Four days after Boris Johnson and Leo Varadkar met in the north-west of England and concluded that they saw a “pathway” to a Brexit deal, unionists will be feeling increasingly nervous and uncomfortable.
Sections of the interview that Jacob Rees-Mogg gave to Sophie Ridge of Sky News yesterday morning will have done little to assuage the concerns of unionists who suspect that Mr Johnson gave further ground to the demands of Mr Varadkar and the EU in that hotel meeting on the Wirral.
Mr Rees-Mogg, now leader of the Commons and formerly a key part of the strongly pro-Brexit European Research Group (ERG) seen as strongly sympathetic to unionism, refused to be drawn on the ongoing discussions in Brussels over the course of the weekend.
However, he hinted that he may have “to eat my words” and support a deal which could be close to Theresa May’s Withdrawal Agreement which contained the backstop that is so abhorrent to unionists.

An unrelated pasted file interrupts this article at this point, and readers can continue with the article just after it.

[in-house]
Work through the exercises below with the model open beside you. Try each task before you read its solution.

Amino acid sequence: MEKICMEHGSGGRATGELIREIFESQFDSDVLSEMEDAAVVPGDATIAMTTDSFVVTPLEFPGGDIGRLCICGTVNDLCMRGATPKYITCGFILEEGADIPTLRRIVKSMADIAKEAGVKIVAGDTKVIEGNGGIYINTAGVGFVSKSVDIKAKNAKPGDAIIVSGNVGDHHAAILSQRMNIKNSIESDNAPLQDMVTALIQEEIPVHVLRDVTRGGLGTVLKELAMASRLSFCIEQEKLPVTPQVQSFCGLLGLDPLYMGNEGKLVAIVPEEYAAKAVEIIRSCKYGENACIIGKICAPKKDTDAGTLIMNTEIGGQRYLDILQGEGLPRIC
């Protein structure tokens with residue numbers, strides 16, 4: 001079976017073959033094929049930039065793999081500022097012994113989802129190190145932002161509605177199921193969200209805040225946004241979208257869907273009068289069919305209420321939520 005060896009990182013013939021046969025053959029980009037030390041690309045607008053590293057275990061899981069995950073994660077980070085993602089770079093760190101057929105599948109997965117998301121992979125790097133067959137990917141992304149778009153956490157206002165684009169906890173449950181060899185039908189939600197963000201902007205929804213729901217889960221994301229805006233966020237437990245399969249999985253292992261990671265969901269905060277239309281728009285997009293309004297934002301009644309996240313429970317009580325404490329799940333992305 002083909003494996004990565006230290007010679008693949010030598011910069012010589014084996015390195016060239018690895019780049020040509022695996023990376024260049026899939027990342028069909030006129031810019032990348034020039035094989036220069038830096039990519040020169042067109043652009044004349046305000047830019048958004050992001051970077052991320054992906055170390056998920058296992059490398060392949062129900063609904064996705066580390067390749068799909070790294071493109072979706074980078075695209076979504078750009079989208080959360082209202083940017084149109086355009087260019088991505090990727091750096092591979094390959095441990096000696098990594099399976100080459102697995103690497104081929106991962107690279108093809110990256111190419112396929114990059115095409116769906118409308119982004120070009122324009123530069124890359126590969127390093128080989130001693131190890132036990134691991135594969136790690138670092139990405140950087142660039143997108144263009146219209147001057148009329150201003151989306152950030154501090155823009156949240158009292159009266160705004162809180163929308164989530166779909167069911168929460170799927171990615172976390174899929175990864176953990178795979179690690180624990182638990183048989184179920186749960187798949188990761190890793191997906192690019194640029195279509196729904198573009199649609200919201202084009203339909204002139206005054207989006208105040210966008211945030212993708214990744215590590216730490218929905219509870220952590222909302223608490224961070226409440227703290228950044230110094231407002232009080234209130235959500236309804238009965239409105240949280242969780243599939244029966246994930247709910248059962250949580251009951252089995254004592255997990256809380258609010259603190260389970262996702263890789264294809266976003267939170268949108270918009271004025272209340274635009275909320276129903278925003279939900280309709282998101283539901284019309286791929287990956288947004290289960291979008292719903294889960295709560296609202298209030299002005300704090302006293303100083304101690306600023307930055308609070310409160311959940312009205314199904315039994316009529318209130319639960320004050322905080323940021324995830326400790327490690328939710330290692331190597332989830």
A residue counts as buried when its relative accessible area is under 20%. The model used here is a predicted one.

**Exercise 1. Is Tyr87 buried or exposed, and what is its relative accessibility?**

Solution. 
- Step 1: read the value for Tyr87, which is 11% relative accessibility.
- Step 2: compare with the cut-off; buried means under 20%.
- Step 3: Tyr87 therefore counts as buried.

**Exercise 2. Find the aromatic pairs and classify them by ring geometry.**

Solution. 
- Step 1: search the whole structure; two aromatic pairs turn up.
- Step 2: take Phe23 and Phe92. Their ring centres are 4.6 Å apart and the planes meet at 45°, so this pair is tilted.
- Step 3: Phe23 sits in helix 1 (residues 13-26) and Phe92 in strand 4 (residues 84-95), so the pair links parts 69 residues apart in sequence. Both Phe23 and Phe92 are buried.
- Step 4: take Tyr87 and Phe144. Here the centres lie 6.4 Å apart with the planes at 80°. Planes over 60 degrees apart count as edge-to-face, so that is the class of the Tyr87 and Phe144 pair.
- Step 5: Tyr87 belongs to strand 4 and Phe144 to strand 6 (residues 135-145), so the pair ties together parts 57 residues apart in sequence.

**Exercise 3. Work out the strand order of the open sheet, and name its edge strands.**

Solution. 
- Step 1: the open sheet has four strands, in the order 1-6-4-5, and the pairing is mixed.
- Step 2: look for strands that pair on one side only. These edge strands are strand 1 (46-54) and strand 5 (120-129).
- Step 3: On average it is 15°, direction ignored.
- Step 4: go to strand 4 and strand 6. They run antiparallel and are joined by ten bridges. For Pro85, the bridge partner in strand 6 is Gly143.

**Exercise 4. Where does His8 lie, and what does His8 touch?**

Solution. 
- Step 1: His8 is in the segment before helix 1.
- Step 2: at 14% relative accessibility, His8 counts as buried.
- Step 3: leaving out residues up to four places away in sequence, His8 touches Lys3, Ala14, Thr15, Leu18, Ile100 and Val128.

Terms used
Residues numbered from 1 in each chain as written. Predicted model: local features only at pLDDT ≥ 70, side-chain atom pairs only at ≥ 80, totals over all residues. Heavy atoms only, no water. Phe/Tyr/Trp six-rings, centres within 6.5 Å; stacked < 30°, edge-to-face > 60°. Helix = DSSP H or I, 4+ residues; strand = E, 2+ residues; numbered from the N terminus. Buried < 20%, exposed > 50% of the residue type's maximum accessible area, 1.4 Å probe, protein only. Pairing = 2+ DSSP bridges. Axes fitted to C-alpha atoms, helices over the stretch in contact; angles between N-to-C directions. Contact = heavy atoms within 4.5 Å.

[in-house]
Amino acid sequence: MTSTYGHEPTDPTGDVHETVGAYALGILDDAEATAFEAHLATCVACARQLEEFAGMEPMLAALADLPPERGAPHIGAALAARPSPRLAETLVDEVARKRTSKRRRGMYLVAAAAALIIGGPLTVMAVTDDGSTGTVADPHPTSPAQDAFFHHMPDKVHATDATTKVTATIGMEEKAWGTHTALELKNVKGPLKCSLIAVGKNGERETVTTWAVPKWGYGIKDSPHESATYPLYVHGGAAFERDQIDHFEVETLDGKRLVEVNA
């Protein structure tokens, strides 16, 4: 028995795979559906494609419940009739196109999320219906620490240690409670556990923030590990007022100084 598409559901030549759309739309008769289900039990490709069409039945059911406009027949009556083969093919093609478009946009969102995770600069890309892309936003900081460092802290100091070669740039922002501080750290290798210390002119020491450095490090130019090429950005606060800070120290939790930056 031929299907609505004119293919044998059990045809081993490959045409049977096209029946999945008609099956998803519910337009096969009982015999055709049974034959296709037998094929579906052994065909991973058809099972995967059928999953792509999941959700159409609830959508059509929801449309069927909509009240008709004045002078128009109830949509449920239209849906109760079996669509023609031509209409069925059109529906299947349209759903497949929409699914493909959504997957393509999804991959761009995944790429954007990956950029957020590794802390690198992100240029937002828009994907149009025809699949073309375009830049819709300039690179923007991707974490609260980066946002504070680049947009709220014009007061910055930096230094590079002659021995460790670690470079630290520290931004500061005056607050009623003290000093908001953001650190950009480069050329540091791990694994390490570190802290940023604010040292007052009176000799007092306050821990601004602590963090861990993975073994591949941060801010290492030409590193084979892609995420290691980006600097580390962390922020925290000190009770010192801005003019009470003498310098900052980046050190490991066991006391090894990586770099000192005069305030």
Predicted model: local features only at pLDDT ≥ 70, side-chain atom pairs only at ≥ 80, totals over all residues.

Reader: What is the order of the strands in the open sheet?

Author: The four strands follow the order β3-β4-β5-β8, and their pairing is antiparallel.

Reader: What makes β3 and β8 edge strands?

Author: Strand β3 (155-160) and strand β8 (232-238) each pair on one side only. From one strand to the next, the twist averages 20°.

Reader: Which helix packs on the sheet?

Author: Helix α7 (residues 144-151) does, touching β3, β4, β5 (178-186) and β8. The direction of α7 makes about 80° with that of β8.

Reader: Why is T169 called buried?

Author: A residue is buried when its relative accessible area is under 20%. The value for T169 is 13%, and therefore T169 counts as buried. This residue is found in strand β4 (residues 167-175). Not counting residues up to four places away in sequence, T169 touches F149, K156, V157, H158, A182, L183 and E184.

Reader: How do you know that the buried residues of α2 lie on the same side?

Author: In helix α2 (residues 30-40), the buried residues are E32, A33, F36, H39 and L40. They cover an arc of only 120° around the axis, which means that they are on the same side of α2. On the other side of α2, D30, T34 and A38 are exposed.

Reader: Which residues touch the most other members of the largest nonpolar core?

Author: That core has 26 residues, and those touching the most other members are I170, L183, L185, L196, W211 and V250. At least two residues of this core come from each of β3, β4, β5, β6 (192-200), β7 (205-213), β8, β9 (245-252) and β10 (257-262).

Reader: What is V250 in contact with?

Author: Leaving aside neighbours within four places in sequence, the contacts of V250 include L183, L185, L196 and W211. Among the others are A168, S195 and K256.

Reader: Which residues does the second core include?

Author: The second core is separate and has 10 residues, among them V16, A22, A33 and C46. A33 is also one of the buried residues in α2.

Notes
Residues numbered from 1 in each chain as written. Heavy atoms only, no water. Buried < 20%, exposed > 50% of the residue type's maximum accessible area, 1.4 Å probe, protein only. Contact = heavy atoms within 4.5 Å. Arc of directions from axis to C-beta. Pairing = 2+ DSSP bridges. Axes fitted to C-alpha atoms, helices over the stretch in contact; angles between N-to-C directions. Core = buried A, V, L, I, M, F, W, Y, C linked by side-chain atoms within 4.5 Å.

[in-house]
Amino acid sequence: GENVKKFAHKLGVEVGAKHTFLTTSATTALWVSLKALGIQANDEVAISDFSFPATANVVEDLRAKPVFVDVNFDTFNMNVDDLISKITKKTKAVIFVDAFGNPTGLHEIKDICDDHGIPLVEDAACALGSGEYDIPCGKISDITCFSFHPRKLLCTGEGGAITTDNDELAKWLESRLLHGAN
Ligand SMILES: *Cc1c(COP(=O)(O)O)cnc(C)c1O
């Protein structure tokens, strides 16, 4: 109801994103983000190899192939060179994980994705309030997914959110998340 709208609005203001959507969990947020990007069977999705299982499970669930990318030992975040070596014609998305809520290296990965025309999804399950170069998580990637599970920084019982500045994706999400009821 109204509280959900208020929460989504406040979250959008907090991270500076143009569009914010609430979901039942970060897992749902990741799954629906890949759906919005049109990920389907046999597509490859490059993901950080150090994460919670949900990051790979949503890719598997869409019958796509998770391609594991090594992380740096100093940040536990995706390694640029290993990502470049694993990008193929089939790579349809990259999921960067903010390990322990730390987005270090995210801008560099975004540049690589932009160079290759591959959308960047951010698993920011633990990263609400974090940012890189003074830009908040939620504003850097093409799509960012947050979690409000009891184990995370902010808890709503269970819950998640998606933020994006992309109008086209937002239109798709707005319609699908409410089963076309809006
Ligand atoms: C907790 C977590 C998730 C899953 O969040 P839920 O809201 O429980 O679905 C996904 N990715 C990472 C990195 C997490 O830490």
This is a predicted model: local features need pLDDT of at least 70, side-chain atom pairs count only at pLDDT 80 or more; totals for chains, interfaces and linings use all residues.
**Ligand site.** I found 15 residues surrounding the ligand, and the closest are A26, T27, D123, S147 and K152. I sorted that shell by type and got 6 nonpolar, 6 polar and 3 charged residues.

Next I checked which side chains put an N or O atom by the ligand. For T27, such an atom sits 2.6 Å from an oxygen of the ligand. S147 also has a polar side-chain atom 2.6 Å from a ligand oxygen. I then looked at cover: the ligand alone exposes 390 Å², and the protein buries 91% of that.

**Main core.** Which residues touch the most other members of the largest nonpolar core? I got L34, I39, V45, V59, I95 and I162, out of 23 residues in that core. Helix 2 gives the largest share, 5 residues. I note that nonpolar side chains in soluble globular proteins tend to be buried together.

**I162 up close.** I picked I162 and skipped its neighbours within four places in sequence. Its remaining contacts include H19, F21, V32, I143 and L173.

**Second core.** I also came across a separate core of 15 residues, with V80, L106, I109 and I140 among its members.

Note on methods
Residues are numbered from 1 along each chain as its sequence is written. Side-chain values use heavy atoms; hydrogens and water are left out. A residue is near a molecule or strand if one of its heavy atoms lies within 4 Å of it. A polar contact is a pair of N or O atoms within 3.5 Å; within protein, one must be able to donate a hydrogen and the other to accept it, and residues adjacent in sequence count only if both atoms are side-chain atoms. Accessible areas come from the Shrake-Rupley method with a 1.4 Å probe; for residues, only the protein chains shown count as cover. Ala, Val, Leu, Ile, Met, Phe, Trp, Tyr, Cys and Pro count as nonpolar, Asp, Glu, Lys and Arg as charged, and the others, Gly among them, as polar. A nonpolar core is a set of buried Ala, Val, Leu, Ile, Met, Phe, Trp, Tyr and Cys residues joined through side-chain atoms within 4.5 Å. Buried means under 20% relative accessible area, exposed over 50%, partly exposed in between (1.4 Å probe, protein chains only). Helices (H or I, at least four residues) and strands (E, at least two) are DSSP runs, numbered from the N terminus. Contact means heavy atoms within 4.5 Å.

The DUP has so far said little. Arlene Foster’s statement on the matter on Friday was a holding one but the signs of creaks in the relationship between the party and Mr Johnson emerged in an interview Nigel Dodds gave at the weekend. By stressing once again that Northern Ireland “must stay in a full UK customs union, full stop”, the leader of the DUP in the House of Commons was firing a warning shot across the bows of the UK’s negotiators and responding to the speculation that Mr Johnson has indeed already given further ground on customs.
It may yet prove that the DUP’s fears are unfounded and that Mr Johnson, in a one-to-one setting with Mr Varadkar, was merely telling the taoiseach what he wanted to hear. However, the longer the devil in the detail remains subject to speculation and not fact, the more suspicious unionists will understandably become.